An Australian Renovation Gives New Life to Midcentury Style
When a couple fell for the charms of an early 1960s house near Melbourne, they were equally excited by its history as its possibility. And so they tasked Nest Architects with a renovation that would honor its midcentury bones without being an homage to a bygone era.
Looking toward the Case Study program for inspiration, the team at Nest decided to keep as many of the original details as possible while introducing a new take on open-plan living that uses permeable dividers to separate the distinct functions of the rooms.
The midcentury reference also gave the firm a material palette that they could carry throughout the project: cork, timber, veneer, and handcrafted glazed tiles. A dose of graphic black paint and laminate is used throughout the space to crisply tie everything together.
To bring the outdated home into the 21st century, the architects embarked on an investigatory process they compare to that of a bird building a nest. As they develop a plan, factors like weather, orientation, history, and sustainability are given equal consideration as the residents' dreams and memories.
"The look and feel of the house changes every time you visit. It’s never boring and it’s certainly not a one-hit wonder."
—Emilio Fuscaldo, Nest Architects
For this project, Nest decided to balance historical references with a fresh organizing geometry that ensures no two views of the house are ever the same—inside and out.
Hints of cool color peek out from beneath the exterior metal cladding, and interior spaces are divided in such ways that views are layered, changing depending on the angle at which they are glimpsed.
All the while, a series of built-in storage is used to divide the space without closing off rooms, creating a main living area that is logically divided while still having the bright, airy feeling of the popular open floor plan.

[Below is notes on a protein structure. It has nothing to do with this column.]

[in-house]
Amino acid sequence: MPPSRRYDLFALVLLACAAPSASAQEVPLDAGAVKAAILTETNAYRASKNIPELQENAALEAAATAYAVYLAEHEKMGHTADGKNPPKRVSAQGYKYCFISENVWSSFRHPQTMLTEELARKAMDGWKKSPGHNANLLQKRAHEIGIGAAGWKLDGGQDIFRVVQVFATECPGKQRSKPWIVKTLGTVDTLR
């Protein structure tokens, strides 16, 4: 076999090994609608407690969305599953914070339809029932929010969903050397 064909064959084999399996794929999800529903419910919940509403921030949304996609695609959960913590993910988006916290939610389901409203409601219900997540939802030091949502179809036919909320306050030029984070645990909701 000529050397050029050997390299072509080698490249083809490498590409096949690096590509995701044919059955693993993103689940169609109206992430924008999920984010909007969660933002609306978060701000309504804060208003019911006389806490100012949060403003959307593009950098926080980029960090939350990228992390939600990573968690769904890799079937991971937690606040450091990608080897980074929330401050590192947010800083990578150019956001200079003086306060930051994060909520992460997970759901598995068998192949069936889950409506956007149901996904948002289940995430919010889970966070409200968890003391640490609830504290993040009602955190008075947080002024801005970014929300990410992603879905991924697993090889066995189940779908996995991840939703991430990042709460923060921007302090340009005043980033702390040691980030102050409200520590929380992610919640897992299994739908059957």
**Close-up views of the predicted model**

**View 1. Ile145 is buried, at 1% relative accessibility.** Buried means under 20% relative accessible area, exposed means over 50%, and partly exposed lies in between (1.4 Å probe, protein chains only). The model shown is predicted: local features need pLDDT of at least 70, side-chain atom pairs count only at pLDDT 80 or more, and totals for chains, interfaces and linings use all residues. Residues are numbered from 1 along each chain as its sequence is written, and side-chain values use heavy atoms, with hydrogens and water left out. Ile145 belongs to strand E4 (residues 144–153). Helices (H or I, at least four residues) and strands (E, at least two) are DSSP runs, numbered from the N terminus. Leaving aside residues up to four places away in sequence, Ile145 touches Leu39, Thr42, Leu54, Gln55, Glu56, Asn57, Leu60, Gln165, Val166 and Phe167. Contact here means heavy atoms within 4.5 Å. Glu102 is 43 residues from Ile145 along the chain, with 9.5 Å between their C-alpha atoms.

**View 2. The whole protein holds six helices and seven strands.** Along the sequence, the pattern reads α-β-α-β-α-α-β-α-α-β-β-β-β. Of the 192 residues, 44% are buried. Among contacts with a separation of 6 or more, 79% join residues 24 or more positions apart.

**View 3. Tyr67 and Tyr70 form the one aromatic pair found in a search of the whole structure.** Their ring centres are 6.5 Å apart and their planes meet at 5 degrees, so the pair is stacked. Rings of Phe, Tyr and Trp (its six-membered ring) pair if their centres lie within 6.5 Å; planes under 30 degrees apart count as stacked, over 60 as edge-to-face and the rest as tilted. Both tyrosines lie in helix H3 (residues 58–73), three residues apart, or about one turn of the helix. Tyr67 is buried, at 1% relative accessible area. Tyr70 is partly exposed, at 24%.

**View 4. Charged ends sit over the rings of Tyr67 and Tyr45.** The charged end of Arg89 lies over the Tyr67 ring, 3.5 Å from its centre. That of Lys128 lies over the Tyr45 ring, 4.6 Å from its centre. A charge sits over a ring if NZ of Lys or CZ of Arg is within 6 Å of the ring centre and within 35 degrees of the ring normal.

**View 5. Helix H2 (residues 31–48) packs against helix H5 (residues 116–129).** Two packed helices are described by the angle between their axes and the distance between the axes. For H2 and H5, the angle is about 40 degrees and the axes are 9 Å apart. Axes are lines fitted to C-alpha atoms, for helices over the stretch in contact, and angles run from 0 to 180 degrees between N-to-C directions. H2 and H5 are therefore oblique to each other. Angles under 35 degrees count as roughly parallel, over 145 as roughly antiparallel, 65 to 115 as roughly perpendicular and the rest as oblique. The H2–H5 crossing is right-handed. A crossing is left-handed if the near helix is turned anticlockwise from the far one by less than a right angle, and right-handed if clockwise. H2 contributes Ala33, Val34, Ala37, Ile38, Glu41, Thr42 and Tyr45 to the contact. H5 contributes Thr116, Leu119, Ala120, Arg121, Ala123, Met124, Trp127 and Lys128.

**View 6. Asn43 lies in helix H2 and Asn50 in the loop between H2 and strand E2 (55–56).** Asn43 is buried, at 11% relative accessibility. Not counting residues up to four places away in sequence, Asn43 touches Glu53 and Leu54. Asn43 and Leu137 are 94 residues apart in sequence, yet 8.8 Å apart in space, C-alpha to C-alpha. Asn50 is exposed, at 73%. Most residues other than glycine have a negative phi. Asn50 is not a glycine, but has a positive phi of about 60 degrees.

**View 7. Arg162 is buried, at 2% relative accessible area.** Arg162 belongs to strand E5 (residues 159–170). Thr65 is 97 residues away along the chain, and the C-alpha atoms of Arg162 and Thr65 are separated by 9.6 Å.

Just as shifting perspective provides new views, the entire project is layered with details that reveal themselves over time. On the exterior, new metal cladding adds a contemporary twist to midcentury-appropriate cinderblock, while interior materials like cork and timber are remixed and matched throughout house, always with a grounding dose of graphic black paint.
In addition to the materials, the architects focused on other elements that saved the house from the bulldozer.
The newly enlarged and redefined kitchen, dining, and living areas on the main floor were arranged to highlight their connection to the outdoors.
As much of the original floor-to-ceiling glazing as possible was kept, while new windows and doors were added to continue the views through the house.
The result is a light-filled interior with rich material details that reflect the residents within.
Cover photo by Lauren Bamford.
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